It is a fact that libraries are not as popular as they used to be. The increase in digital technology and our reliance on digital formats to provide us with information has left libraries high on the list of government's budget cuts. This book not only details this unfortunate trend, but also explains why libraries are more than just a place to borrow books. The author proves himself at the beginning to be highly qualified in discussing libraries and their role in a digital age. He was the former It is a fact that libraries are not as popular as they used to be. The increase in digital technology and our reliance on digital formats to provide us with information has left libraries high on the list of government's budget cuts. This book not only details this unfortunate trend, but also explains why libraries are more than just a place to borrow books. The author proves himself at the beginning to be highly qualified in discussing libraries and their role in a digital age. He was the former head of the Harvard Law School Library and also founding chairman of the Digital Public Library of America. He showcases his experience dealing with the need for physical books but also digitizing books for future preservation. He also defends the need for libraries as more than just stockhouses for physical books; quiet places to study, free internet access to lower income families for educational purposes, community centers for children and events, and many more. He also states the issues libraries currently have dealing with the onslaught of e-books and the intrincities of loaning them out. Libraries certainly deal with a lot of setbacks and he offers up suggestions on how they can integrate themselves to stay with the times. I think the author does an excellent job of describing the issues libraries face and the needs that our communities have for them to emphasize their importance. The book to me is a bit too technical and long-winded to state it's points as it sometimes came off to me as a book only librarians would understand. It makes sense given the author's experience in the library and digital space but he tends to lose the readers in parts when he gets too into the specifics. Regardless, I think it was a book that needed to be written to remind people, government, and companies just how integral libraries are and the encourage people to utilize them for more than just loans. For anyone worried about the state of libraries or how they are evolving to meet the digital times, this is definitely an important book to read.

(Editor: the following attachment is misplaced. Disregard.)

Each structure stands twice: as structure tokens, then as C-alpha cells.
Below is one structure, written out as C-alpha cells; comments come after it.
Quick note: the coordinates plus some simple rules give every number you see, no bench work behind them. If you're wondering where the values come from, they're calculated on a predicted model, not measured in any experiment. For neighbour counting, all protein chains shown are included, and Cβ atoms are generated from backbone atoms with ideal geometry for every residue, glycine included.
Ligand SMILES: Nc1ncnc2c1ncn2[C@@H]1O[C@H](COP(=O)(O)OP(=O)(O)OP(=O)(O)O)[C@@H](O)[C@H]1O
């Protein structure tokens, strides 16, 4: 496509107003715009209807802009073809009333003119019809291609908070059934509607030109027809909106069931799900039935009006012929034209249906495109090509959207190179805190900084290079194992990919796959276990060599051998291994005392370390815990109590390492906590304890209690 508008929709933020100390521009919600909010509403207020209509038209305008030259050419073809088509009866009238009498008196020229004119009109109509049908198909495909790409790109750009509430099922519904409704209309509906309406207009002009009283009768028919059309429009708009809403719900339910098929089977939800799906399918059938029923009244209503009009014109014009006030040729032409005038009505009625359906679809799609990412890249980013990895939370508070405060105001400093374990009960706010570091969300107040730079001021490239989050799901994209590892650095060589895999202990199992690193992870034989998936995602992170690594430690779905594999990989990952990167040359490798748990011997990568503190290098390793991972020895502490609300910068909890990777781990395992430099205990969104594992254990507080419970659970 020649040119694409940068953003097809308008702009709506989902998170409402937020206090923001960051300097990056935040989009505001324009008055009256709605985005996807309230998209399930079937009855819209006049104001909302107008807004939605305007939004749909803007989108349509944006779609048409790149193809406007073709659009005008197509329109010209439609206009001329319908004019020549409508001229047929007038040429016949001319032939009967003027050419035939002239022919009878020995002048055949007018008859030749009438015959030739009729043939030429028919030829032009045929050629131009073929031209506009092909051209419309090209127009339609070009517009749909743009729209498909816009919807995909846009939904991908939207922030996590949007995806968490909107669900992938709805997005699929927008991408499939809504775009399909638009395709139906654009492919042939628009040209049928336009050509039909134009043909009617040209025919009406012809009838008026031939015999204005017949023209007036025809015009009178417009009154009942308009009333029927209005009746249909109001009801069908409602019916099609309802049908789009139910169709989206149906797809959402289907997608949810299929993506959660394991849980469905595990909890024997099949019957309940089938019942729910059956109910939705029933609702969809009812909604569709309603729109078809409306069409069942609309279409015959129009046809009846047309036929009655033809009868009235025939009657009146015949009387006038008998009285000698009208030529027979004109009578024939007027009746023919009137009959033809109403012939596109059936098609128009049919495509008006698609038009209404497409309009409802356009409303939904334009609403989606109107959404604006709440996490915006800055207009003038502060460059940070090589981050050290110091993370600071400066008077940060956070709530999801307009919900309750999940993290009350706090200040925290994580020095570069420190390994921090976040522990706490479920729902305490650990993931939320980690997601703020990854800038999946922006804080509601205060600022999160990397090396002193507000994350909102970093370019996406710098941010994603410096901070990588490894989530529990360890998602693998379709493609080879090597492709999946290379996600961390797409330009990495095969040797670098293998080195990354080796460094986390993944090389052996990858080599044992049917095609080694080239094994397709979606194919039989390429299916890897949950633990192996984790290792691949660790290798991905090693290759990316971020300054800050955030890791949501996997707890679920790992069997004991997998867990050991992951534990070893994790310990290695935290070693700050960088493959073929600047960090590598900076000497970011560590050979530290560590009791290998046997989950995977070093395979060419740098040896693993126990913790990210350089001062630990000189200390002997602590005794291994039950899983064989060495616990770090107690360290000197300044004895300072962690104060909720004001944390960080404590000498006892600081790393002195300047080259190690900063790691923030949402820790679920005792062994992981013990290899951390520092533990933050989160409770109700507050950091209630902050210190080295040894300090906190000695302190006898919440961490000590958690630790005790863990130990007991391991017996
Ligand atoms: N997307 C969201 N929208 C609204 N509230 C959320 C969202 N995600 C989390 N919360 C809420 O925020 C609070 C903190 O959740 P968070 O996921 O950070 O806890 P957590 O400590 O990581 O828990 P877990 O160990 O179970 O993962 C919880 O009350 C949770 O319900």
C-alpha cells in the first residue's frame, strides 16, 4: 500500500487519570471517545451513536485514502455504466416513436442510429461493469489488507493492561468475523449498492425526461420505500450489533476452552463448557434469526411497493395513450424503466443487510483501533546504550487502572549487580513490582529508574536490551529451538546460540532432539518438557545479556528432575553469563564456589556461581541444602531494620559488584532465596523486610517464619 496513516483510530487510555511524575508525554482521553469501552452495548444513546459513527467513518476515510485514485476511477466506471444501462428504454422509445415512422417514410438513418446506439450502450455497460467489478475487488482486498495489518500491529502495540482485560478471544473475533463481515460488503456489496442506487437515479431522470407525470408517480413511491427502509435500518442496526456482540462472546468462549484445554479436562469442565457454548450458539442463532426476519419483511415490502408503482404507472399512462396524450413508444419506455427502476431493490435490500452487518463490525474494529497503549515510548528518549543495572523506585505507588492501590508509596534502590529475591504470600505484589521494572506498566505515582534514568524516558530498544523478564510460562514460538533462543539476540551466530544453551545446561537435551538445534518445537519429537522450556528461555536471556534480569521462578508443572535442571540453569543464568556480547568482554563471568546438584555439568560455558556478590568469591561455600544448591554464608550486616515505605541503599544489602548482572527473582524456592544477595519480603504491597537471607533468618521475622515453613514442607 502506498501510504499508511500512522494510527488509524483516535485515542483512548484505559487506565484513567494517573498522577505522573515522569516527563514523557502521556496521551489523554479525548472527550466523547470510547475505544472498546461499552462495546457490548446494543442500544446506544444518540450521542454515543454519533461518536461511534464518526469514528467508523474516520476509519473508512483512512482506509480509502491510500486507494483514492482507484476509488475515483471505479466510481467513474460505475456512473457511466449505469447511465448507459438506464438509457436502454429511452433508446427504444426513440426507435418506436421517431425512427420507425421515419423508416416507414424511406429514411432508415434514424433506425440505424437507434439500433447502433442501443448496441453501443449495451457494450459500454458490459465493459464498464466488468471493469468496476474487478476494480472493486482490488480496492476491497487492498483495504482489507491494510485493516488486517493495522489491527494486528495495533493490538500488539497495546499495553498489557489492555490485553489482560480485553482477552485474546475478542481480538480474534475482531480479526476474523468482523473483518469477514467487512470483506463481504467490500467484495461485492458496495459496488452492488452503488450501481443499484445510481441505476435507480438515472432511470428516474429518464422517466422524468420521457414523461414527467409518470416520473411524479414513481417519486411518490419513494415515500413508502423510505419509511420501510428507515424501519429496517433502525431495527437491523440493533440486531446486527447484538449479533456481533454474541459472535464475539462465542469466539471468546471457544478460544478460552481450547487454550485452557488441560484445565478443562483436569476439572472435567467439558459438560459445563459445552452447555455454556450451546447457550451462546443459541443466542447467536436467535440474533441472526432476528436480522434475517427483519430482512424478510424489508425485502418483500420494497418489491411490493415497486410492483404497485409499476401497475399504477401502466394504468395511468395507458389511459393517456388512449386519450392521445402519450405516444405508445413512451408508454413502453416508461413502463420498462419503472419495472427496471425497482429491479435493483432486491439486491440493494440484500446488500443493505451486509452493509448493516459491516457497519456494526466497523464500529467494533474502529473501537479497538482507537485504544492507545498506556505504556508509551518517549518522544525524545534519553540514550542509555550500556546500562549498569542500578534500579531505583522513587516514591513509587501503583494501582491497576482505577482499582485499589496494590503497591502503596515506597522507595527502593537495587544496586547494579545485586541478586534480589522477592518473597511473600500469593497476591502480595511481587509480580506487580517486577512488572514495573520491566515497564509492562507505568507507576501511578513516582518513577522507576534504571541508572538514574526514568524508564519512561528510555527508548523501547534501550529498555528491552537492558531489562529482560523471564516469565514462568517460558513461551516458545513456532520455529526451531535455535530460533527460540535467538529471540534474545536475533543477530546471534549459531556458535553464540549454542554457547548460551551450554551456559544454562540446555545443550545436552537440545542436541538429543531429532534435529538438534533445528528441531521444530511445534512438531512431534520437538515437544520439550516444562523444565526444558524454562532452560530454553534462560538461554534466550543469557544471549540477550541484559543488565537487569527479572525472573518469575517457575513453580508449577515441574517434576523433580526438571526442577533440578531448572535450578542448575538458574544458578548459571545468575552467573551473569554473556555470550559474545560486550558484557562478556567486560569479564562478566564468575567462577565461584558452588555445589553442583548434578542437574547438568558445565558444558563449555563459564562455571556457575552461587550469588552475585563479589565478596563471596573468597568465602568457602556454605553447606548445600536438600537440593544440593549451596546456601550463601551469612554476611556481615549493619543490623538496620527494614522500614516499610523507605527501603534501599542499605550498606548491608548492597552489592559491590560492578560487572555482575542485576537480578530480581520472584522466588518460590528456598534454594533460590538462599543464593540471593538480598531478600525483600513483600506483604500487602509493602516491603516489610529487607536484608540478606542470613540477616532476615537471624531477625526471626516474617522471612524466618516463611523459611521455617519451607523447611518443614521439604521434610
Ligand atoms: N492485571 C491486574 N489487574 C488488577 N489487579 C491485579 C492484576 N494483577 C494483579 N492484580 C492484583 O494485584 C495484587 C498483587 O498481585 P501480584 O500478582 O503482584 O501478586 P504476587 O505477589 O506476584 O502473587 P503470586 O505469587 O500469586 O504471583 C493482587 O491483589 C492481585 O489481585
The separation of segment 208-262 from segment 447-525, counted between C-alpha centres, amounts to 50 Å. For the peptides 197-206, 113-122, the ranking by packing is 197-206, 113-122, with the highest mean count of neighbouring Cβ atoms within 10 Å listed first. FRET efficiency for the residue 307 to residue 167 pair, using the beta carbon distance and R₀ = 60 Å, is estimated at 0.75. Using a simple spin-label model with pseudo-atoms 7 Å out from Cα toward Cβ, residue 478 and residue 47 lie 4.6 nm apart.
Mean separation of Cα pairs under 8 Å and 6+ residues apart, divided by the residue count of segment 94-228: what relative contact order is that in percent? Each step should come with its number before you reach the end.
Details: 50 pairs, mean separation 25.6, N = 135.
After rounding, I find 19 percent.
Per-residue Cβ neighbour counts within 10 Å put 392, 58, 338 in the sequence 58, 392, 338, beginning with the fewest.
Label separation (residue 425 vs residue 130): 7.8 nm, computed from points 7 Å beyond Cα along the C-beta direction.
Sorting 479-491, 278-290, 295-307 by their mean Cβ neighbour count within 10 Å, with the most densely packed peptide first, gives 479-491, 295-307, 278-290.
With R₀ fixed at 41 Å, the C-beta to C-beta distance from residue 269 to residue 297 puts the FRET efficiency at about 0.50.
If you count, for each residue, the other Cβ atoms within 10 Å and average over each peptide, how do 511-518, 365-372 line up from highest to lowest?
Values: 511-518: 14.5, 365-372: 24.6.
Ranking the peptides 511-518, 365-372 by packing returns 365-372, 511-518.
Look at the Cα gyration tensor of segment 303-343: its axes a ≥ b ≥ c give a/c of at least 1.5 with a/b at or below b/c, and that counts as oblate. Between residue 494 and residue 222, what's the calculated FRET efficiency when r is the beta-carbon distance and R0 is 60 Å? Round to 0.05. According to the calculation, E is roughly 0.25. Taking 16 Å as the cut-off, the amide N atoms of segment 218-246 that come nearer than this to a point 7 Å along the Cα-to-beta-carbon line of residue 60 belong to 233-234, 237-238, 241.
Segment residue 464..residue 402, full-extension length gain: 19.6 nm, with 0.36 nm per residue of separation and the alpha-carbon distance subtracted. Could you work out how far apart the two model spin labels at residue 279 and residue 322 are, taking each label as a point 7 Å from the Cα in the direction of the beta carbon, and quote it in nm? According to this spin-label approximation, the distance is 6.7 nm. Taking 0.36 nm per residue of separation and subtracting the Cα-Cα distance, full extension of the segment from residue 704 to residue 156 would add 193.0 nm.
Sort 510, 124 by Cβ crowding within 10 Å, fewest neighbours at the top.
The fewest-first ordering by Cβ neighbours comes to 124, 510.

21. 5 out of 5

    Cally

    BiblioTech was a fascinating read. It nicely summed up the average mental image of a library that a community member may have, shrouded in all its nostalgia, and then spent a bit of the book depicting why such nostalgia, though useful and quaint, is rather damaging to libraries moving into the modern age. The author is a "feral" or a non-librarian who works at the library, and he plays upon the pitfalls of our current library system- the aggressive competition with for-profit industries, the com BiblioTech was a fascinating read. It nicely summed up the average mental image of a library that a community member may have, shrouded in all its nostalgia, and then spent a bit of the book depicting why such nostalgia, though useful and quaint, is rather damaging to libraries moving into the modern age. The author is a "feral" or a non-librarian who works at the library, and he plays upon the pitfalls of our current library system- the aggressive competition with for-profit industries, the complications behind digital copyrights, the shift from analog to digital- all tied back into how it can and will impact the economic equality as we know it (libraries being the only free access to books and resources for the public). At times I found the book to be a bit redundant in its discourse, but at the same rate, I encountered many paralleling inspirational ideas. Not being a librarian student or a feral myself, I was delighted to see mention of the Hack Library School, maker spaces (there's one in my local community I have been intrigued by), and tons of references to libraries and librarians that are revamping the library system as we know it (from everything like Pinterest boards of "cheap and cheerful librarian tips", to crowdsourcing, to Harvard Library Innovation Lab's free virtual growing engineer, Stackview). Palfrey completes his book with 10 steps for the future that I've summed up quickly: libraries need to redefine themselves in a digital-plus era in a way that meets the demands of their community. They need to work as networks with one another but also with authors, agents, editors, publishers, and technologists. Some spaces should be more of production spaces (like a maker space). There globally needs to be more collaboration in the preservation of knowledge, and lastly, we as citizens need to be willing to pay more for libraries to go through these transitions.